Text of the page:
Here is the updated chart of Net Worth as a percent of disposable income that includes last week’s flow of funds statement. Seeing this chart helps to put Friday’s selloff in the biggest of the big cap into perspective in measuring how stretched valuations have gotten. The Fed will come out of their meeting tomorrow not worried about consumer inflation but inflation is always in the eye of the beholder if one looks at a broader set of prices which includes assets. Of course this gap can also close by an improvement in wage growth. Let’s hope.
The NFIB small business optimism index in May held steady at 104.5. It printed 94.9 in October, 98.4 in November and peaked at 105.9 in January. Plans to Hire improved by 2 pts to 18, matching the level seen in January but it keeps getting more difficult in finding workers as Positions Not Able to Fill was up by 1 pt to the most since November 2000. Capital spending plans rose by 1 pt but still remains stuck in a tight range and still can’t break out to the upside. Plans to Increase Inventory slowed to 1 from 3 and that is the lowest since September so with all the headline optimism, this is somewhat disappointing. More to the optimism, those that Expect a Better Economy rose 1 pt to 39 vs 12 in November but peaked at 50 in December. Those that Expect Higher Sales was up by 2 pts to 22, also well off the October level of 1 but off the 31 print in December. Those that said it’s a Good Time To Expand fell 1 pt and is right in line with the 6 month average. Earnings Trends weakened by 1 pt. On inflation, current compensation rose 2 pts after falling by 2 pts last month while future plans remained flat for a 3rd month. Those expecting Higher Selling Prices were unchanged, holding at the highest level since late 2014.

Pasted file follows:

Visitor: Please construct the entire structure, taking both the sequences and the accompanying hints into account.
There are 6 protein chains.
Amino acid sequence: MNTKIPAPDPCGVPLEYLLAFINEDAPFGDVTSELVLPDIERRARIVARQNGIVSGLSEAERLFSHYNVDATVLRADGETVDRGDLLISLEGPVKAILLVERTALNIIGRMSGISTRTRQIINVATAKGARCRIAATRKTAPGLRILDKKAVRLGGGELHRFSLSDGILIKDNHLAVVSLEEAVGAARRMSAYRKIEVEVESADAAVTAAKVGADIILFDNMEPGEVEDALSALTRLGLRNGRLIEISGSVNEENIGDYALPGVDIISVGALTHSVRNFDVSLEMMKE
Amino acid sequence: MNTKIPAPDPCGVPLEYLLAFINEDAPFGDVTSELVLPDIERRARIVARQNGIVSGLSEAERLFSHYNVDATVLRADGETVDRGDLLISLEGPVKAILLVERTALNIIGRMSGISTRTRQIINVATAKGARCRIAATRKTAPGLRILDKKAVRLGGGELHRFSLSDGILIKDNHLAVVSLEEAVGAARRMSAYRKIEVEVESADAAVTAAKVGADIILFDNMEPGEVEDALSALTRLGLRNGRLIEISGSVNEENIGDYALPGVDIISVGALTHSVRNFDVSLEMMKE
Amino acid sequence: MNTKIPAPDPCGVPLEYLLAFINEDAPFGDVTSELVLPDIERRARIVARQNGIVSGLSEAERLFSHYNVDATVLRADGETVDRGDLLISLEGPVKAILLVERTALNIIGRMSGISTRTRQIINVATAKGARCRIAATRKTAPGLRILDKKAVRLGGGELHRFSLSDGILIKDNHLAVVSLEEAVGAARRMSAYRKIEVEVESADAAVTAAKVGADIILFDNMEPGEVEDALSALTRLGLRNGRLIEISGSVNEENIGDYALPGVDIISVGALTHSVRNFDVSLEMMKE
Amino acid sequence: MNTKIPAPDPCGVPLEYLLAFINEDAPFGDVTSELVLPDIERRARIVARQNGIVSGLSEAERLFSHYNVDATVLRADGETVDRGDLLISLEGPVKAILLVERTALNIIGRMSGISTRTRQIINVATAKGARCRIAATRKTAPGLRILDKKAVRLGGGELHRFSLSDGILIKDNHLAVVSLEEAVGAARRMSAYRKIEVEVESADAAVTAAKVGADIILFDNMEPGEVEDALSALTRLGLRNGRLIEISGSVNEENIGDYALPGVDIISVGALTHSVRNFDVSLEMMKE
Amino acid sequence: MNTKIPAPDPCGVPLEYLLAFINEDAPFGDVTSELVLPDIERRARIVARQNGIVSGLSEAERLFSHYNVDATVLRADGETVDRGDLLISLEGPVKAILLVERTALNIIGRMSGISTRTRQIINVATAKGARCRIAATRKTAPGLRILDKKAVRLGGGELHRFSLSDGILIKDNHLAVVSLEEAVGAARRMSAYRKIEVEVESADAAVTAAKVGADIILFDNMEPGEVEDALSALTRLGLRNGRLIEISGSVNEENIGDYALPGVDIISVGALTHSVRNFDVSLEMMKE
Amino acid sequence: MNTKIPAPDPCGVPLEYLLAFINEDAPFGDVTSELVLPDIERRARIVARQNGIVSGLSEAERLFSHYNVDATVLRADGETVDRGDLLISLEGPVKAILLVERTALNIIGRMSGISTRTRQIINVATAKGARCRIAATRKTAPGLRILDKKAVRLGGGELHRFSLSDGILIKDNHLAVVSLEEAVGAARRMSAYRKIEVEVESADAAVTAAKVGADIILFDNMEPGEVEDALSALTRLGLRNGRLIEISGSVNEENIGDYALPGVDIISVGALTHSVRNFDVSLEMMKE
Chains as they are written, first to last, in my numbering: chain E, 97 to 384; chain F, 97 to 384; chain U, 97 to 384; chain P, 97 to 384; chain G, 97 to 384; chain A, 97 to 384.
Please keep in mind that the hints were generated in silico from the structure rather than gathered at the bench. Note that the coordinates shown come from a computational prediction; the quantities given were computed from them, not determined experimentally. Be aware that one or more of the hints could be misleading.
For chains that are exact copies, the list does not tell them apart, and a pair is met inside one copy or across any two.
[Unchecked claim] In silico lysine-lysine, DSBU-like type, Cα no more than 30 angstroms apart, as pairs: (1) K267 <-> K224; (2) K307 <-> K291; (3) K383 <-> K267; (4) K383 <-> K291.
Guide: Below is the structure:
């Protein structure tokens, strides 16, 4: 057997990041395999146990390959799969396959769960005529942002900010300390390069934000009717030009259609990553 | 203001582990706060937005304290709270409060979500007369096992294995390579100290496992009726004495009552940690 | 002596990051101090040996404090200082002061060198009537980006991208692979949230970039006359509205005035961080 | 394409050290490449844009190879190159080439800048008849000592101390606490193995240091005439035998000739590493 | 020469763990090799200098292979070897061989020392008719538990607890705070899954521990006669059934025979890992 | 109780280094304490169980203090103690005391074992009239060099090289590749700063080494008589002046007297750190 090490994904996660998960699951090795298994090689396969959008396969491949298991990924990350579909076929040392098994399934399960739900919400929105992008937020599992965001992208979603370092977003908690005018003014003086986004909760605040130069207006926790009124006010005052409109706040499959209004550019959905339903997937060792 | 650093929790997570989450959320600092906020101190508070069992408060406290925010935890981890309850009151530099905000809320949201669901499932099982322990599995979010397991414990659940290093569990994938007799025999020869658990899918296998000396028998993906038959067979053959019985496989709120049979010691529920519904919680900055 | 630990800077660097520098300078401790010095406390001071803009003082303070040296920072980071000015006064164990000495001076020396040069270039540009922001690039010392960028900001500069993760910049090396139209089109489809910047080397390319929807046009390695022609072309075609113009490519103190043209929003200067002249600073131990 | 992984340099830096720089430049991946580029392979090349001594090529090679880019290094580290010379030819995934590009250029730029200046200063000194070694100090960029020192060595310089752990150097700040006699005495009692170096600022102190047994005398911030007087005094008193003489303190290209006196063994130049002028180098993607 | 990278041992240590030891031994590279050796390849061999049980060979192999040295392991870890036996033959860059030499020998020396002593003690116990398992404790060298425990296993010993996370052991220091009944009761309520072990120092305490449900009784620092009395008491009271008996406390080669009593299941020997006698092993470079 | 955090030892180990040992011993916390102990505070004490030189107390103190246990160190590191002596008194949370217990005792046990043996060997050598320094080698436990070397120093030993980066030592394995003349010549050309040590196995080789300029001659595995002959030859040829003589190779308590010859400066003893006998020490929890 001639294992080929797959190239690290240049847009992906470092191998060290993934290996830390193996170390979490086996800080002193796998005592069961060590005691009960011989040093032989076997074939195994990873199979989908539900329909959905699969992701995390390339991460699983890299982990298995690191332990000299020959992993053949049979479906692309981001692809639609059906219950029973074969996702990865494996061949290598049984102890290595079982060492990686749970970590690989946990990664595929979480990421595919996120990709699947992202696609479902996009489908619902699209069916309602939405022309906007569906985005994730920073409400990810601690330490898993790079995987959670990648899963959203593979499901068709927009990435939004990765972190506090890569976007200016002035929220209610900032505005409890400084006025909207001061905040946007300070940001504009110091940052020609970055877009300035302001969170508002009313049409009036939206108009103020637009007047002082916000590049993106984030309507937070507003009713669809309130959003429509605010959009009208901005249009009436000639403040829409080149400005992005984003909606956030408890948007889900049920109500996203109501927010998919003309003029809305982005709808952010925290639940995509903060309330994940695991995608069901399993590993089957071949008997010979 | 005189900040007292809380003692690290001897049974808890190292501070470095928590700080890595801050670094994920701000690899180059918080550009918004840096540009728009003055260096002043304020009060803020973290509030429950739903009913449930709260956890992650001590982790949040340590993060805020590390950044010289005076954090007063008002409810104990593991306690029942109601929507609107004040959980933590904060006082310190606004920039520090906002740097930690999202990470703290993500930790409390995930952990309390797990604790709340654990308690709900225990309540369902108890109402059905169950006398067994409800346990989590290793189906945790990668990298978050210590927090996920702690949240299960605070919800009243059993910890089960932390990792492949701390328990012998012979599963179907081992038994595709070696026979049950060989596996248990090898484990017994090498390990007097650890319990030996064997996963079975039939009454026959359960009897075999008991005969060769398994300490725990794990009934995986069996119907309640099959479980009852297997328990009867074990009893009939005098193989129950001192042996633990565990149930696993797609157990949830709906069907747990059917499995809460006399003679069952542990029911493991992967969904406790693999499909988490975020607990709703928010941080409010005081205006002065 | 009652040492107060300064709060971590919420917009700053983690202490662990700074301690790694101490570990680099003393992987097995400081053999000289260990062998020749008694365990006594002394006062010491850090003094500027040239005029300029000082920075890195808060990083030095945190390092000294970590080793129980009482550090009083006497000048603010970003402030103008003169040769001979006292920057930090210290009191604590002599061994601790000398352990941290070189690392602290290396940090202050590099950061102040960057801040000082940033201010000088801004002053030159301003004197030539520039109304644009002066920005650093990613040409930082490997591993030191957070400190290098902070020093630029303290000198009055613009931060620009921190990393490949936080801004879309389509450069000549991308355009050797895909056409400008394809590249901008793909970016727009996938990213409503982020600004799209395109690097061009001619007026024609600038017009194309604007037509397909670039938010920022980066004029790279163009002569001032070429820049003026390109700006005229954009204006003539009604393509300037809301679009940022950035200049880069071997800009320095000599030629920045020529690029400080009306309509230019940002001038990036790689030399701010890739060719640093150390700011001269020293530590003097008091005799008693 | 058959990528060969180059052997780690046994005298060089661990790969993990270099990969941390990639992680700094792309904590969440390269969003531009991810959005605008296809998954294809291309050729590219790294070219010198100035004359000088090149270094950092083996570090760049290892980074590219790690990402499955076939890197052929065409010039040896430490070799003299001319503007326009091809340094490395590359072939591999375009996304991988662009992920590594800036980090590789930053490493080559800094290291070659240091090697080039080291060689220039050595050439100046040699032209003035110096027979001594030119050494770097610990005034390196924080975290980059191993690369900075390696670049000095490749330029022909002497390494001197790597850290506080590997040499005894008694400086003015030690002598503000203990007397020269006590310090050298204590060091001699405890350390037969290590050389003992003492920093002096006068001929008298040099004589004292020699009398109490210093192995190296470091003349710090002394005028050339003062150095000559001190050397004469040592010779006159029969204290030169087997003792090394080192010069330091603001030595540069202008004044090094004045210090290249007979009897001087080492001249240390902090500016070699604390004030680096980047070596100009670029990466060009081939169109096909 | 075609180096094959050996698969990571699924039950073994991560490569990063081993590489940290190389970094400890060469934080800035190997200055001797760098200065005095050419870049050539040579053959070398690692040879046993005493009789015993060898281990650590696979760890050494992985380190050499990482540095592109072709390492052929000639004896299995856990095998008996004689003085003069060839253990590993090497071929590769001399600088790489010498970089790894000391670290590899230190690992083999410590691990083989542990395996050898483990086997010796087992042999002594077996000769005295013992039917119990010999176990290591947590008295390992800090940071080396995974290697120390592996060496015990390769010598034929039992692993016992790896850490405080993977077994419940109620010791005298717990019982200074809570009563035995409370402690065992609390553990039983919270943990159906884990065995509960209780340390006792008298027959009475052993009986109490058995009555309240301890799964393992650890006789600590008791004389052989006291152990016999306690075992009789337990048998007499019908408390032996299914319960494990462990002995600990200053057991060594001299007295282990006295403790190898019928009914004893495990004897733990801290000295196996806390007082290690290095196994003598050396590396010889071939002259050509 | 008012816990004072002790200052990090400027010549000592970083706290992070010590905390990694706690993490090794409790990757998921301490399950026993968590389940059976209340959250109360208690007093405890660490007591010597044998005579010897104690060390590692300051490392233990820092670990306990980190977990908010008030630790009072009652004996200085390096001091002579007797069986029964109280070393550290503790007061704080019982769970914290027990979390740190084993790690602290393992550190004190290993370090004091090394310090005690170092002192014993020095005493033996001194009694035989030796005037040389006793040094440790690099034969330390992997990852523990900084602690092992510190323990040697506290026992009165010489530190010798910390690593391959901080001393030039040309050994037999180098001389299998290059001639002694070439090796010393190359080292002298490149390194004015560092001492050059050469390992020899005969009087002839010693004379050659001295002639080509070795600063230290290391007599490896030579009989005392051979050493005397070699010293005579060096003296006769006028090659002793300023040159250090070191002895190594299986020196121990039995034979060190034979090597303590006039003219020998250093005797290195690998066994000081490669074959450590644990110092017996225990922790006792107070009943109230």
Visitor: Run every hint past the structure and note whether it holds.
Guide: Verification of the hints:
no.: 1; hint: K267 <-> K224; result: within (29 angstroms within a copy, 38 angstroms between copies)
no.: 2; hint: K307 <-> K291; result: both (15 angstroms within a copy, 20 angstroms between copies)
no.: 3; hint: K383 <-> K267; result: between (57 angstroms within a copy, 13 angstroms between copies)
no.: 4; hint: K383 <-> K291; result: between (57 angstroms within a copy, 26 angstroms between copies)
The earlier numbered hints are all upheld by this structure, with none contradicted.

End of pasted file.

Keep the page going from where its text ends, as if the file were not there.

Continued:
The bottom line continues to be that small businesses remain hopeful for positive policy changes out of the Administration. The NFIB CEO said “The remarkable surge in optimism that began last year right after the election shows no signs of slowing down. Small business owners are highly encouraged by the President’s regulatory reform agenda, and they remain optimistic there will be tax reform and health care reform. This is a policy driven phenomenon.” The underline is mine and highlights that at least right now the optimism is based on hope not on any notable change in current economic activity. Companies are still hiring but not really increasing investments in their business. On the former, a growing issue is the dearth of supply for qualified workers which we keep talking about. NFIB Chief Economist Dunkelberg said “the tight labor market has been a persistent problem for small business owners for the past several months, and the problem appears to be getting worse. It’s forcing small business owners to increase compensation, which we’re seeing in this data, to attract new workers and keep the ones they have.” Again, the underline is mine.